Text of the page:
8. Good on paper: How the Medium of Action Influences Self-Control

Speaker: Lili Wang

Abstract: The present research explores the effect of using paper (vs. digital device) as a medium of action on self-control. We find that consumers perceive their actions on paper (vs. a digital device) as more as self-diagnostic and thus are more likely to exercise self-control for action performed on paper.

9. Sizes Are Gendered: The Effect of Size Cues in Brand Names on Brand Stereotyping

Speaker: Shaobo Li(Southern University of Science and Technology)

Abstract: The use of size cues in brand names (e.g., Mini Cooper, Xiaomi) is increasingly common in the industry. However, despite its prevalence, scant research has investigated whether and how the use of such size cues influence consumers’ perception. In the current research, we hypothesize that size cues in brand names can evoke gender associations, which subsequently affect consumer perceptions toward the warmth and competence of the target brand. Across different product categories and cultural contexts, we provide converging evidence that brands with a size cue of smallness (bigness) in the name are perceived to be warmer but less competent (less warm but more competent), and this effect is mediated by the gender association evoked by the semantic size cues. Further, we show that the downstream consequence of size cues in brand names on overall brand evaluation depends on the relative importance of warmth and competence in the consumption context. Specifically, size cue of smallness (bigness) in brand names leads to more favorable brand evaluations when consumers have a communal (agentic) goal and when the brand has a feminine (masculine) gender positioning.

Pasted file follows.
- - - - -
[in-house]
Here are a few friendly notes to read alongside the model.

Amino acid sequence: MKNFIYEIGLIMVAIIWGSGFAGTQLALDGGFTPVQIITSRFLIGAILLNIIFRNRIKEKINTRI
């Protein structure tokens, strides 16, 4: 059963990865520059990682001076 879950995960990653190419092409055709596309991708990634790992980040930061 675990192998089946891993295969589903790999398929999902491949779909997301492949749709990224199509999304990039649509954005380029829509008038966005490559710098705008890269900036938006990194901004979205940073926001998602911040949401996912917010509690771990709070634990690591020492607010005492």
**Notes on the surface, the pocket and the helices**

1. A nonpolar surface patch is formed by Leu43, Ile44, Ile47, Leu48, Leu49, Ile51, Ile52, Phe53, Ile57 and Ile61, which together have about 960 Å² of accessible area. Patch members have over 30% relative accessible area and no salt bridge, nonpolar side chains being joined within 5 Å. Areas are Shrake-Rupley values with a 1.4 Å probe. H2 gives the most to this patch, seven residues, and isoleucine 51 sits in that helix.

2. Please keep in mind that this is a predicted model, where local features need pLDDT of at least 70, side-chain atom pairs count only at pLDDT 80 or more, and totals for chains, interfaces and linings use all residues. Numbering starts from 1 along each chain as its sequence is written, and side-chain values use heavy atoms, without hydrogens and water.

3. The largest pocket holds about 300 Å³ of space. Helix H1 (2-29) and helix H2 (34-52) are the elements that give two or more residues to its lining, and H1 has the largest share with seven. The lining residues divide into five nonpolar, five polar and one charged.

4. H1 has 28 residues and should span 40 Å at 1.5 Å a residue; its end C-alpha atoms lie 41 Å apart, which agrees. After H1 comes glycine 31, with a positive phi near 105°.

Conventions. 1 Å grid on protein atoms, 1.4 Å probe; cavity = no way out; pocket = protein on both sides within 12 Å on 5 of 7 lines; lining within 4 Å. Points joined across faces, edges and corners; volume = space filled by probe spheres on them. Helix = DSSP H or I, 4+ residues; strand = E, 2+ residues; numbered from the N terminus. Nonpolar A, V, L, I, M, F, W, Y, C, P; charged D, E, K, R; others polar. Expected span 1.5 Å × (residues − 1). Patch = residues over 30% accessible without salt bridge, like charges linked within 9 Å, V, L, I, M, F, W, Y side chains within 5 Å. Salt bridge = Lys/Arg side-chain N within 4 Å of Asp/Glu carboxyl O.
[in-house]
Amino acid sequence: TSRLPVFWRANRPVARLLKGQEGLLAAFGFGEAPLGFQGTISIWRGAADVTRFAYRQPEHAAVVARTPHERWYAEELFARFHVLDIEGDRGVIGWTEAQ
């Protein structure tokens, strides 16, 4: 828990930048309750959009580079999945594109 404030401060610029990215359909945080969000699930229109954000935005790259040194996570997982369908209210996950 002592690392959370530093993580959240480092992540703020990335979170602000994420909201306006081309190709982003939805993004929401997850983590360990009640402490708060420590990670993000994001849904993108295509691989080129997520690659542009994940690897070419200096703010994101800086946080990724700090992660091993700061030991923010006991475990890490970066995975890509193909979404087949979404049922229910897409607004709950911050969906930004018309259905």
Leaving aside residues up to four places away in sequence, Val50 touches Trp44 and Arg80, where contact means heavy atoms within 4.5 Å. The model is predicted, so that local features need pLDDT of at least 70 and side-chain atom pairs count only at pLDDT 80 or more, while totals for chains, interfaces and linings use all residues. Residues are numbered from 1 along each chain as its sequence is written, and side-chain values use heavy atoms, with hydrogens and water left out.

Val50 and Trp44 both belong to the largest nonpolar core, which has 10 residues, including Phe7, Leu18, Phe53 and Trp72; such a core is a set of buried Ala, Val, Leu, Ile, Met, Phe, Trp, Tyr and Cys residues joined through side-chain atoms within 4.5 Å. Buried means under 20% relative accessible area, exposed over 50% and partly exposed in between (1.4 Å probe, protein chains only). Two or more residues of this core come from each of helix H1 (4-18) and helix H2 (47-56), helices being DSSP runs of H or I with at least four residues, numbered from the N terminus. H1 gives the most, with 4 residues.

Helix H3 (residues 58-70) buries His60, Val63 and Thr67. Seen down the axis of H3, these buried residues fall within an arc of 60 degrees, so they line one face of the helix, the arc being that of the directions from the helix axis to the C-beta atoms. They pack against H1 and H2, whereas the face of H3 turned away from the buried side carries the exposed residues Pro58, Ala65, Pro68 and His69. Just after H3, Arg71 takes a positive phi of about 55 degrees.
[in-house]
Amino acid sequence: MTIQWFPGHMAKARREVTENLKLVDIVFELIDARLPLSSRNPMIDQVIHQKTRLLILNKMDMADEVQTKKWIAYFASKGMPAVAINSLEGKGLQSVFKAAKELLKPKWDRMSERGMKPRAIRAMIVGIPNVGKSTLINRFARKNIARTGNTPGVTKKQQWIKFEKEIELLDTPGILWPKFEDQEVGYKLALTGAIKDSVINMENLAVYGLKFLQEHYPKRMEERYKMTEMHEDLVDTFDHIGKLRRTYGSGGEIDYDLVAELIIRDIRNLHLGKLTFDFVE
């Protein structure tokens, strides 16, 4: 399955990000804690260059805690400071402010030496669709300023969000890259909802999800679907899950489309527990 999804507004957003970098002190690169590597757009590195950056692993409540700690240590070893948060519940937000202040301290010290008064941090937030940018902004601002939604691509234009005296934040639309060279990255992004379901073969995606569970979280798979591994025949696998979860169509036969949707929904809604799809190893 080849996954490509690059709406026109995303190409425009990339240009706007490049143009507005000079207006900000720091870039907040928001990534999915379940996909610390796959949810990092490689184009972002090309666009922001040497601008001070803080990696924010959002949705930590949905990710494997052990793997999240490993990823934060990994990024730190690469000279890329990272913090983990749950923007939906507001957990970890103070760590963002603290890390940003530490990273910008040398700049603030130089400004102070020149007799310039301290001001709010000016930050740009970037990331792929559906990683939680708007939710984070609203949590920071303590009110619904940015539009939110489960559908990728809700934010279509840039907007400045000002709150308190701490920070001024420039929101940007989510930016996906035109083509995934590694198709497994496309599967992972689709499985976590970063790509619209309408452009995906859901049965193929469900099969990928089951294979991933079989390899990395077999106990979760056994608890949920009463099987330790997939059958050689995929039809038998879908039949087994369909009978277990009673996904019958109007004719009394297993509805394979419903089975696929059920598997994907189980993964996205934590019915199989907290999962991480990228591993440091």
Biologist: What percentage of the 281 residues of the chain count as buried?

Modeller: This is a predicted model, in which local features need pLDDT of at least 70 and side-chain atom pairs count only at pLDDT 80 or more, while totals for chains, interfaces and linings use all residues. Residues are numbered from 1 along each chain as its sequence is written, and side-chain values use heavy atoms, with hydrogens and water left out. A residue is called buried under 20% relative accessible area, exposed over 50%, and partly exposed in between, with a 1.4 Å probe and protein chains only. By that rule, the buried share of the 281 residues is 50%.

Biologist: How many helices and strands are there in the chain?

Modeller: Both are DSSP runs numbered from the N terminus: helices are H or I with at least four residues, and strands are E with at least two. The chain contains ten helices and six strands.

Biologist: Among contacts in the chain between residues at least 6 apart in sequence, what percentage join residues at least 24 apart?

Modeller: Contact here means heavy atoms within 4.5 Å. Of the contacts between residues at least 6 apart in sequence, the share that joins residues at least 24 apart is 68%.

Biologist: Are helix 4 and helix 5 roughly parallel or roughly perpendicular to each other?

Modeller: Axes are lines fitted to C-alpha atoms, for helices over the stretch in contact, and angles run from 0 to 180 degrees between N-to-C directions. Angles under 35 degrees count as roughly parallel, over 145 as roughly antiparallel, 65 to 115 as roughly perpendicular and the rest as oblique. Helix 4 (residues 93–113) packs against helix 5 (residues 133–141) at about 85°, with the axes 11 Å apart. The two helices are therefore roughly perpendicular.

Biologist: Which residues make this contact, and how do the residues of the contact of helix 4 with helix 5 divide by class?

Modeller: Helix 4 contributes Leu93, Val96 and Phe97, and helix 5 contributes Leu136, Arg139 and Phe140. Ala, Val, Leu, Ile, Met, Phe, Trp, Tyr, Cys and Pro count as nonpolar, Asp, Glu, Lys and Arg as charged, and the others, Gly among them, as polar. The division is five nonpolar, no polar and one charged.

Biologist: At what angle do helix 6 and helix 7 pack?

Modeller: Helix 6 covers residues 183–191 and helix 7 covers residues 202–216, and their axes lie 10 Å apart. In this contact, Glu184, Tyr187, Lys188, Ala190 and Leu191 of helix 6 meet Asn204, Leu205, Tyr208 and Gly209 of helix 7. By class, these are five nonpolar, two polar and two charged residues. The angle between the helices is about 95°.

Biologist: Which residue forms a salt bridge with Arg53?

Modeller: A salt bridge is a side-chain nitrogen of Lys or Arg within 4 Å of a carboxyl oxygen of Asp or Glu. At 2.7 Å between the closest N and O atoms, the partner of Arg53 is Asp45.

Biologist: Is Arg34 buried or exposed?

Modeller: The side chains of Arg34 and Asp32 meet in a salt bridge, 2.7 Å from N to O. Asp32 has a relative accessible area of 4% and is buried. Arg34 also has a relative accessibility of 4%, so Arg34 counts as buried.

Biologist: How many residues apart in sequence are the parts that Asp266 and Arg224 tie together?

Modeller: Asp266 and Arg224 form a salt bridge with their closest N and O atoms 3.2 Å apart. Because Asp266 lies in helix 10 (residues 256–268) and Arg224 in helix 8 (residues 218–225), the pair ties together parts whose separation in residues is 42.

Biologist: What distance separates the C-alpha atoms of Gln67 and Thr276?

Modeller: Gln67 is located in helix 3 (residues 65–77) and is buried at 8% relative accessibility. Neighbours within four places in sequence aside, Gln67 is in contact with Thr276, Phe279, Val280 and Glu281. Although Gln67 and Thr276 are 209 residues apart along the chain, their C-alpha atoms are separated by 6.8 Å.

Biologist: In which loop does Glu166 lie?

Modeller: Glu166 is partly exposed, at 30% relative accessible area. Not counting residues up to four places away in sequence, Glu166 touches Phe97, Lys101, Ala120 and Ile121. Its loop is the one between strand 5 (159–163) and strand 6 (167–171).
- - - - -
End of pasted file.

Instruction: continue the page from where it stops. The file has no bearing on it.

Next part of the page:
10. Earnings Informativeness and Overnight Return at Earnings Announcement: Evidence from China

Speaker: Zhang Ran(Peking University)

Abstract: We examine earnings informativeness of Chinese A-share market and find that Chinese A-share market is analogous to the U.S. market in terms of earnings value relevance and market responses to earnings information. More importantly, with the uniqueness of information disclosure and trading regulation, we show a striking phenomenon that overnight return at earnings announcement reacts efficiently to earnings and conveys relevant information for firm’s future fundamentals and stock return performances while intraday response solely adds noises to overall market response to earnings.  A long-short strategy based on this effect yields monthly alpha of 91.3 basis points.  Further analyses indicate that the phenomenon exists in other informational events such as management forecasts of earnings, and that the phenomenon is more pronounced in stocks that are associated with more retail investor trading.  Our results collectively support the usefulness of earnings in China and highlight the importance of the information conveyed by overnight trading in the unique setting.